The writers, producers, and sponsors of the now defunct TV show “Bridget Loves Bernie” would probably claim they were doing a public service by helping to combat the barriers that prevent TRUE Love from bridging religious differences. In reality, they were doing a great disservice to the audience, especially the teenage audience, by glossing over the serious problems that a Catholic-Jewish marriage entails. For the sake of a laugh, this program encouraged ridicule of traditional religious values that are rooted in experience and fact. It also encouraged young people contemplating a mixed marriage to avoid facing hard decisions that will only become more difficult when there are children to be raised.
Let’s look at the facts of mixed marriage. It has been known for some time that marriage between two people of different religious backgrounds is more likely to end in divorce than marriage within one religious group. A study in a suburb of Washington, D. C., of more than 13,000 families found the rate of divorce or separation was 2½ times as high for mixed Catholic-Protestant marriages as for in-group marriages. Similarly, a study in Michigan of more than 4,000 cases found the divorce rate for Catholic-Protestant marriages was almost three times that of in-group marriages. The number of Jewish-Gentile marriages in both studies was so small that no figures are given. However, it seems logical that, if anything, the problems in a Jewish-Gentile marriage would be much greater than those in a marriage where at least both are Christian.
That the problems are not solely religious but also cultural and psychological is shown by the fact that in both studies those who said they themselves had no religion had the highest divorce rate. That religion is an important factor is shown by the fact that where one party converted to the religion of the other, the divorce rate was reduced by 25 per cent. It did not matter which way the conversion went.
These studies were made in the 1930s and the 1940s. Today most young people think that things have changed. Therefore, two recent studies should be examined closely. The first is an analysis of all divorces filed for in California in 1971. Of the 143,664 divorce reports filed, 2,242, or 1.6 per cent, were filed by a Jew married to a Jew. (This represents 2.4 per cent of all interfaith marriages. Since Jews are 3 per cent of the population of California, this indicates that the Jewish divorce rate is 20 per cent below the average.) There were 2,430 filed by a Jew married to a Gentile. Therefore, 52 per cent of all divorces involving a Jew were in mixed marriages. Since the mixed-marriage rate in the late 1950s and 1960s when these people married was probably between 10 per cent and 15 per cent and surely no higher than 20 per cent, the divorce rate is at least 2½ to 3½ times as high for Jewish-Gentile marriages as for Jewish marriages. Also, mixed marriages tend to break up sooner: 50 per cent of the Jewish marriages ended in divorce within 8½ years after marriage; 50 per cent of the Jewish-Gentile marriages ended in divorce within 4½ years. For Catholics the 1971 California figures are similar. In fact, the number of divorces of Catholics married to non-Catholics exceeded the divorces of Catholic couples by 56 per cent to 44 per cent.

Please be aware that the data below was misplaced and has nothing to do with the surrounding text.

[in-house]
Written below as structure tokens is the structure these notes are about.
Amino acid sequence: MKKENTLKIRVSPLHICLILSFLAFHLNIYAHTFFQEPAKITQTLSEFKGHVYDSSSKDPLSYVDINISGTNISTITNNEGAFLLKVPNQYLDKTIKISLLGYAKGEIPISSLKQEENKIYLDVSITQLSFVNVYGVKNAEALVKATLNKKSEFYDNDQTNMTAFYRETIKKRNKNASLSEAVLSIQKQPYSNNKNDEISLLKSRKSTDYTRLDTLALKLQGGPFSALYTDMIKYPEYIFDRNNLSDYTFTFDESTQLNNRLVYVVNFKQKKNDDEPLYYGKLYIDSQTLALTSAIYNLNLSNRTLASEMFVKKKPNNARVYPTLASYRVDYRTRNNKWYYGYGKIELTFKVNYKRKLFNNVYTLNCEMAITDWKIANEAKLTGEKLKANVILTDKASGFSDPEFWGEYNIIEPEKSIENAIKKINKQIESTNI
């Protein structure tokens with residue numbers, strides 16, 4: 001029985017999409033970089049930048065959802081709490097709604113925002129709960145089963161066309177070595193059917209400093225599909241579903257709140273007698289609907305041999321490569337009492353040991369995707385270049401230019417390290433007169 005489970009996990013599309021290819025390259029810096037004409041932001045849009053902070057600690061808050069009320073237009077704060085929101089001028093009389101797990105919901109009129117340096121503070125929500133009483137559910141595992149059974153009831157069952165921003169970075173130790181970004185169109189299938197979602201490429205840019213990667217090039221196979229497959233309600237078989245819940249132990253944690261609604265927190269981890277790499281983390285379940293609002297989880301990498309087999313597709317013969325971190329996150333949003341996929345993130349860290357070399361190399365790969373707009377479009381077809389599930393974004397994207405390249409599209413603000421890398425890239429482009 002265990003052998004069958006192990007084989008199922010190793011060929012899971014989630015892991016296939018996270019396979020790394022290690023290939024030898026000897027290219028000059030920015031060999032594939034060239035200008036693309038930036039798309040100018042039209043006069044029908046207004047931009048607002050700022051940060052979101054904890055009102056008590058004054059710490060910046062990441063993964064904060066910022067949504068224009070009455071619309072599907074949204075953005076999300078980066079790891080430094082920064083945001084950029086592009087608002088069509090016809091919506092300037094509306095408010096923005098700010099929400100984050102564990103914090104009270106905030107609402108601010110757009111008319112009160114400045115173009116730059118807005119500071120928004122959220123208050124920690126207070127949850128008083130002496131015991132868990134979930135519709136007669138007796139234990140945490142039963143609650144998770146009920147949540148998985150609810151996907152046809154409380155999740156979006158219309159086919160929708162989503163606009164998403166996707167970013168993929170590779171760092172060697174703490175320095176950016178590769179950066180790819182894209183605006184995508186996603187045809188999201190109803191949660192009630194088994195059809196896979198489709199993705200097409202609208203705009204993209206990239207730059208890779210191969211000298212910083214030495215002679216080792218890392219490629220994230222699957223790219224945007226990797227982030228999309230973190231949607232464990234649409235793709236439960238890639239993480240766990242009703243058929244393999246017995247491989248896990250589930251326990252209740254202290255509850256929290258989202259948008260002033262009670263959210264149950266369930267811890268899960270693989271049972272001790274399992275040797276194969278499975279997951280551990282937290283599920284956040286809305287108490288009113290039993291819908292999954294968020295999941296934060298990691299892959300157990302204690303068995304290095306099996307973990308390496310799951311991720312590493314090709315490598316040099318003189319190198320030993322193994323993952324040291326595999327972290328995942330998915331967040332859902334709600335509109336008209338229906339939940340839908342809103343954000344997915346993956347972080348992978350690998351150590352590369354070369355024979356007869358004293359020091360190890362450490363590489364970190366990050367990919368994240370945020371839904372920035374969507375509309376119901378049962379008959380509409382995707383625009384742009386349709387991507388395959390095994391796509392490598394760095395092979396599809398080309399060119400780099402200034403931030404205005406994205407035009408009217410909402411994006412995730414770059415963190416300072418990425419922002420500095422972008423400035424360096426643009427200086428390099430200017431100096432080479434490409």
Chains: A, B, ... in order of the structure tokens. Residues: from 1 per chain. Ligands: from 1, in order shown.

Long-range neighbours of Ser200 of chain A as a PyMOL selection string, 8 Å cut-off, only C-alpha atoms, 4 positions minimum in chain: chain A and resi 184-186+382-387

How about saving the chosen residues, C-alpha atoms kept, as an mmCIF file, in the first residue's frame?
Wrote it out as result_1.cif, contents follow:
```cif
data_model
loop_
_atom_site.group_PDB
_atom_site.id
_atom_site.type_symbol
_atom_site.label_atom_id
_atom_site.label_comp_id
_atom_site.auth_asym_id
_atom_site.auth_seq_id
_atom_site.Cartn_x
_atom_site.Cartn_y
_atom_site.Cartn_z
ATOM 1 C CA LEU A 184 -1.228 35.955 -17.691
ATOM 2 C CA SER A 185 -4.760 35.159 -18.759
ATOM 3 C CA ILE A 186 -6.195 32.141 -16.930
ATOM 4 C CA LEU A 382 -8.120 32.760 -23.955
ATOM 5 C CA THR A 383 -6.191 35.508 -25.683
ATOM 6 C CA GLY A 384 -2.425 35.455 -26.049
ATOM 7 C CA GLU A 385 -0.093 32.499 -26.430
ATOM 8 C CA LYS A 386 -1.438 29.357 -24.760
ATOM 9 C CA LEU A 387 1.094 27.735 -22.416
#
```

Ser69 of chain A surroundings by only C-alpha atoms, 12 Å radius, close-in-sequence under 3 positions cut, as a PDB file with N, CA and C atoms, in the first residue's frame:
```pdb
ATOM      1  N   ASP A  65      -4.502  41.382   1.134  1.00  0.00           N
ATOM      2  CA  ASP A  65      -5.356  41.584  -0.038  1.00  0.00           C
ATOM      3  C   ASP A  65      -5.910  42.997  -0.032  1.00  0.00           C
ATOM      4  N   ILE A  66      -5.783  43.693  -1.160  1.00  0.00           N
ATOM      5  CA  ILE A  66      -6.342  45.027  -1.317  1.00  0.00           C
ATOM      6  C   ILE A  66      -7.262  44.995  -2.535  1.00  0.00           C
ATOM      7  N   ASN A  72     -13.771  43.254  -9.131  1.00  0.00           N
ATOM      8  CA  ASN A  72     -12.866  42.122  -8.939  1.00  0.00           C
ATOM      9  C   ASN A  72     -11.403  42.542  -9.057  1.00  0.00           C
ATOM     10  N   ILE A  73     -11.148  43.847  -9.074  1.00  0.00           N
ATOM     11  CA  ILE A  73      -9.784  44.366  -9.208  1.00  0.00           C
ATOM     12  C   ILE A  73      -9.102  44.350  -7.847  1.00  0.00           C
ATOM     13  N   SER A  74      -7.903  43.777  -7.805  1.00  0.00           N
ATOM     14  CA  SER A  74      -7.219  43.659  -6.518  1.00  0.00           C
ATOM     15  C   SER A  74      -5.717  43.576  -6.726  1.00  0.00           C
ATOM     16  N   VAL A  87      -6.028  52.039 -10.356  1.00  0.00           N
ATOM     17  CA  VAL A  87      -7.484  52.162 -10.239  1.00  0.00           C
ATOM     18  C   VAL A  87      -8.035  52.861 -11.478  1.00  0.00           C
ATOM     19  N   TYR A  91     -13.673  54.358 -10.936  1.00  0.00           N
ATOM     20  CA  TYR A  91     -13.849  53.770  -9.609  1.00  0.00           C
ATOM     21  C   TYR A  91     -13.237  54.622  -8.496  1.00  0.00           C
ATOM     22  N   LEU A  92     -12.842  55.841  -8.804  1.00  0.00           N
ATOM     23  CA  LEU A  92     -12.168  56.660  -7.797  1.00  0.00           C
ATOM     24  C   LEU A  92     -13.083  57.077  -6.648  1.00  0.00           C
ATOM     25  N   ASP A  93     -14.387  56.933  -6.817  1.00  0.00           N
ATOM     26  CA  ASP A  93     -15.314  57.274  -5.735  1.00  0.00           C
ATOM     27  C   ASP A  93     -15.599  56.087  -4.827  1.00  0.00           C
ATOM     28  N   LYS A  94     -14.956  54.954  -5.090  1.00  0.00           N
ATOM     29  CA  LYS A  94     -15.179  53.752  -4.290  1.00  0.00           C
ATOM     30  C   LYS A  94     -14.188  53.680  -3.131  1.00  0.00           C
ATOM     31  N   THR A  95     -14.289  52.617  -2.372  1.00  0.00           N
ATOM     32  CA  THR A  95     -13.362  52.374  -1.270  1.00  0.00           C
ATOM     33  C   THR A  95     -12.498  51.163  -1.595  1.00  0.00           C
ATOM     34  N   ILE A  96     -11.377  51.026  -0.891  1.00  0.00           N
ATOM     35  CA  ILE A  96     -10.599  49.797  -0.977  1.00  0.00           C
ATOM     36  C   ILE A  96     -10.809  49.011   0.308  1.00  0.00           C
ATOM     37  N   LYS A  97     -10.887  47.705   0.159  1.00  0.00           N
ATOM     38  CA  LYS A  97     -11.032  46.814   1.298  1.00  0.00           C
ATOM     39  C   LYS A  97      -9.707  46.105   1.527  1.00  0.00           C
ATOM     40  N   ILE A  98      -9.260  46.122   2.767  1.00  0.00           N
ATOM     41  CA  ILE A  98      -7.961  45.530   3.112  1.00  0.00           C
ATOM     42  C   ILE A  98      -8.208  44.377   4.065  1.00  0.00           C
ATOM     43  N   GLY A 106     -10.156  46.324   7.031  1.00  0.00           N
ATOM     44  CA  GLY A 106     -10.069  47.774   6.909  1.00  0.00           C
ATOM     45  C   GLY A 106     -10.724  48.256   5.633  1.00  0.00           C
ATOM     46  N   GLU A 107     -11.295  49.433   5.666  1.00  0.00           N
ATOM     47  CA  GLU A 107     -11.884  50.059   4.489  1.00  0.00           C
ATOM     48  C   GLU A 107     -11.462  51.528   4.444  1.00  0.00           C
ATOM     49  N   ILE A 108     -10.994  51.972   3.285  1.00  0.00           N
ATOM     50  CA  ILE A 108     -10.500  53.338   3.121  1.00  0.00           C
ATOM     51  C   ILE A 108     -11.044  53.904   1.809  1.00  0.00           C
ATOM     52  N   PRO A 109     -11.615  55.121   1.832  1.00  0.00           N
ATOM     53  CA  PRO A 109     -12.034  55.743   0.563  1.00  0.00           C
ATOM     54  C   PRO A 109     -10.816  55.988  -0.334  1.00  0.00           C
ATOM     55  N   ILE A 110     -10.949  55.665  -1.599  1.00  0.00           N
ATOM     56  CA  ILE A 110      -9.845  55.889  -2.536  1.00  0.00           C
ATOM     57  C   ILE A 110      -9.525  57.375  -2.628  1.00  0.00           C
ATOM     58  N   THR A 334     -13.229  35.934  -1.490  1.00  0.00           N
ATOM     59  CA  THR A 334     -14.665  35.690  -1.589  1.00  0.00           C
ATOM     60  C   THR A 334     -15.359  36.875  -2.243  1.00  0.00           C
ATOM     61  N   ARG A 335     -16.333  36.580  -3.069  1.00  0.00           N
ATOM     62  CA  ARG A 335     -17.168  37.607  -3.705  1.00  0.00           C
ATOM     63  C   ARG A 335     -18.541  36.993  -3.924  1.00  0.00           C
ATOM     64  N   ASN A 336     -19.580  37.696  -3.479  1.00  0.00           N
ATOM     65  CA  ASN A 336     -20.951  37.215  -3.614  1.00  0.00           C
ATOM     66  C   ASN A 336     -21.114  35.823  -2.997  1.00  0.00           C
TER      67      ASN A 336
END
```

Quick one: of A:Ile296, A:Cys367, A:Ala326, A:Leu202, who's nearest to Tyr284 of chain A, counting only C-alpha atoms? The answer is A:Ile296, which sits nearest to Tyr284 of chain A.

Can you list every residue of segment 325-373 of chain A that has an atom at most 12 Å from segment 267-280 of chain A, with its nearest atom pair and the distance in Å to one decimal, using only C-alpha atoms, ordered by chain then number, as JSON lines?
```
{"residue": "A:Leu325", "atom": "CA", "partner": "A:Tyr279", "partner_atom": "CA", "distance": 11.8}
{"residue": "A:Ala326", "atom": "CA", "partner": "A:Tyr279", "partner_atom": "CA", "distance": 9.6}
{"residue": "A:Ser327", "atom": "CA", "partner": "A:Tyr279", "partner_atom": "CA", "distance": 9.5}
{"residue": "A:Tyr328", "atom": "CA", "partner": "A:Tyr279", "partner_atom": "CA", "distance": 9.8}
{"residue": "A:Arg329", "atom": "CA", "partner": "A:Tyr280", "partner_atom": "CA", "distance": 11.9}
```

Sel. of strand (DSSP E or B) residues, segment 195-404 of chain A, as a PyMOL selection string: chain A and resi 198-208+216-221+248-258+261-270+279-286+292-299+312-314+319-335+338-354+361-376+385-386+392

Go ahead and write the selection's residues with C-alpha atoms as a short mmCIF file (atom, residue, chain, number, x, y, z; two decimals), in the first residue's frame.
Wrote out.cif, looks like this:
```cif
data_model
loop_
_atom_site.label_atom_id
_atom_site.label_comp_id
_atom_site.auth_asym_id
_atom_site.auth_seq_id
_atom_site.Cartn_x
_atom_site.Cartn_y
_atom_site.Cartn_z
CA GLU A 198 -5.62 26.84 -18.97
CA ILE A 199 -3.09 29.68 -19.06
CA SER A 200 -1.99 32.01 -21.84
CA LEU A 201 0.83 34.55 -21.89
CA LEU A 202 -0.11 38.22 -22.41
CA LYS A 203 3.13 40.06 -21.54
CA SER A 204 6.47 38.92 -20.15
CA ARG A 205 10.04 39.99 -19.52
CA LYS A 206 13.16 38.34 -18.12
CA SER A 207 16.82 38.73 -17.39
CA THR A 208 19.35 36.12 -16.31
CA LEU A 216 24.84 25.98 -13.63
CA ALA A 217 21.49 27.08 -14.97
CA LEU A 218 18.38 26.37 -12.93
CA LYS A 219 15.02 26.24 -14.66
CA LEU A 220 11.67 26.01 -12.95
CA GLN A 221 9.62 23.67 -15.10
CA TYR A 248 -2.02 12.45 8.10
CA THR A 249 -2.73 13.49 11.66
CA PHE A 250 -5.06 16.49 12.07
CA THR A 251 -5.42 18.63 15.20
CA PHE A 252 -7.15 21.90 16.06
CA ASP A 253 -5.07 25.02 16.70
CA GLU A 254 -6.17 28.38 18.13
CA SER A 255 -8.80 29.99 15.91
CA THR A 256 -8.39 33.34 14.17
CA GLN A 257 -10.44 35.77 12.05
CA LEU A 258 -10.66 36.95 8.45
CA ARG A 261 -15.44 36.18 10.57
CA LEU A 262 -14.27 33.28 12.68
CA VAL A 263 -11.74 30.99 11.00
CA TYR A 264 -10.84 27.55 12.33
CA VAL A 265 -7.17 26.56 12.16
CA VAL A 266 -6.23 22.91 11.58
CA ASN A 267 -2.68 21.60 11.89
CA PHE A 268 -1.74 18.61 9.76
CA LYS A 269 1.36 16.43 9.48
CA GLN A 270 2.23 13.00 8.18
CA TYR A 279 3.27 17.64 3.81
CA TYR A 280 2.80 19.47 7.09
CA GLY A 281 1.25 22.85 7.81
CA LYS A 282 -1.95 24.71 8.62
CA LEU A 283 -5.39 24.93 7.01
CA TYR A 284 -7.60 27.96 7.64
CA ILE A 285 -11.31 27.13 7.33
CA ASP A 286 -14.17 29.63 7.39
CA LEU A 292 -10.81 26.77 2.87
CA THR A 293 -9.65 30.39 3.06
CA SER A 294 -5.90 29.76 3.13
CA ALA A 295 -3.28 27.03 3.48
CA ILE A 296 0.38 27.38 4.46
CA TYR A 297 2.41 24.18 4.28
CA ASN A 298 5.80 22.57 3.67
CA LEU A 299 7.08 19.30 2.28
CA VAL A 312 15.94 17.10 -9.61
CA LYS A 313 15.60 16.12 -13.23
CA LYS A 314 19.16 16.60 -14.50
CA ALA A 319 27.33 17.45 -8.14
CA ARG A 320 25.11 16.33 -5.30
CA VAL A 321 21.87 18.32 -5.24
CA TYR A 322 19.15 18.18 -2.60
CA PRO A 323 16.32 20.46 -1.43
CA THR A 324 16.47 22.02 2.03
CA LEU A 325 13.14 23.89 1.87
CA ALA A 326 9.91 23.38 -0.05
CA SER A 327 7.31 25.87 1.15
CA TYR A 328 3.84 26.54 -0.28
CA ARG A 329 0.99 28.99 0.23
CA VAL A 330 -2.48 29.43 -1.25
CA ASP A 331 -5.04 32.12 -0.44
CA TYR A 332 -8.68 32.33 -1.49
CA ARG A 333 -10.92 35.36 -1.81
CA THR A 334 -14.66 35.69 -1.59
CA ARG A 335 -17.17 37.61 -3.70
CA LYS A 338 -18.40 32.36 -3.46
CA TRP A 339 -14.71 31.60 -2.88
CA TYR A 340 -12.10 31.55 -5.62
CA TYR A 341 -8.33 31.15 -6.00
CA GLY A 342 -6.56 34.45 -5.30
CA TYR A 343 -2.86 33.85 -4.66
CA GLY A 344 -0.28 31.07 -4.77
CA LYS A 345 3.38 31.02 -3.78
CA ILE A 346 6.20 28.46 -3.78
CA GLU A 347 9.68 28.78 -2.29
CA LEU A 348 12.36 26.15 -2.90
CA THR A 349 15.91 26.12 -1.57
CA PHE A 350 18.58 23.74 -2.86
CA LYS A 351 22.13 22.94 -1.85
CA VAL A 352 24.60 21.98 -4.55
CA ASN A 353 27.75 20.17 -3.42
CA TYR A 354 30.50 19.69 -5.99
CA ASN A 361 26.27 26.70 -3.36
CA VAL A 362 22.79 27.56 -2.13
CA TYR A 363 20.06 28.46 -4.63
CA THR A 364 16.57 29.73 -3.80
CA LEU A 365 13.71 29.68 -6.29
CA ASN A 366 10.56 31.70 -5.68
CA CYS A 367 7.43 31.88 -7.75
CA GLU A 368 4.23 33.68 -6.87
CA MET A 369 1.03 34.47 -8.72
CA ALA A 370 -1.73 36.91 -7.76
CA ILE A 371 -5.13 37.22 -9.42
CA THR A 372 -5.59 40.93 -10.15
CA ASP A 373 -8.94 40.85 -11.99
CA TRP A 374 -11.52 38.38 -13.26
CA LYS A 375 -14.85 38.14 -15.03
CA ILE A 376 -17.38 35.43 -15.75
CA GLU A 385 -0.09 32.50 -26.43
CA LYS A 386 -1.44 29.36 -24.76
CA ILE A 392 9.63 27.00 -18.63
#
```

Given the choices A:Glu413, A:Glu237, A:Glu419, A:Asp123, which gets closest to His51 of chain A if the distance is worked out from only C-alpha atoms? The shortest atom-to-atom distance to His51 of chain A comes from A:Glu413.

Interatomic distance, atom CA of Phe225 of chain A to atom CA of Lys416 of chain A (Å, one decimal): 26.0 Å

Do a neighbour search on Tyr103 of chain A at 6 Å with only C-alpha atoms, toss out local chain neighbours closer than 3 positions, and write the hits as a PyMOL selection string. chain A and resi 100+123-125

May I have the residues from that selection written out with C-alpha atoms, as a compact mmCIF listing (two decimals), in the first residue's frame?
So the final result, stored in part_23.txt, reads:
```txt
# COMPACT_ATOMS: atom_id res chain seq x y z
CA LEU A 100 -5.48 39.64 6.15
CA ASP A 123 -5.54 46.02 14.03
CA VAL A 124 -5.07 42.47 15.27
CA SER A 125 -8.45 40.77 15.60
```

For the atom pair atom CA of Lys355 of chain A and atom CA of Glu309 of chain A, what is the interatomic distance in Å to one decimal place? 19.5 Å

In another study, Christensen and Barber examined marriage and divorce records in Indiana for all couples married in 1960 and divorced during the next five years. Catholics and Jews had a divorce rate 79 per cent and 69 per cent below the average respectively. However, Catholics who married non-Catholics had a divorce or annulment rate five times as high as those who married within the faith, and for Jewish mixed marriages the rate was six times as high as that for in-group marriages.
These hard facts of life are especially important for Jews and Catholics because they are the least likely to unify their out-marriages by conversion. As we have seen, conversion reduces the Protestant-Catholic mixed-marriage divorce rate by 25 per cent. I would estimate that conversion reduces the Christian-Jewish mixed marriage rate by almost 50 per cent. Yet a recent study of 3,189 students at eighteen colleges and universities by Judson T. Landis found that Catholics are most willing to marry outside the faith and Jews least willing, and that both Catholics and Jews are less willing to change to the faith of the spouse than Protestants are. (Of the Catholics, 82 per cent said they would marry outside the faith, but only 15 per cent said they would change to the faith of the spouse. The corresponding percentages for Jews were 59 per cent and 14 per cent. Of the Protestant students, 65 per cent said they would marry outside the faith and 35 per cent of those said they would change to the faith of the spouse.) Women of all three faiths expressed greater willingness than men to change to the faith of the spouse. The difference between the high number of those willing to marry out, and the low numbers of those willing to accept the religious identity of the person they wish to marry is particularly striking for both Catholics and Jews.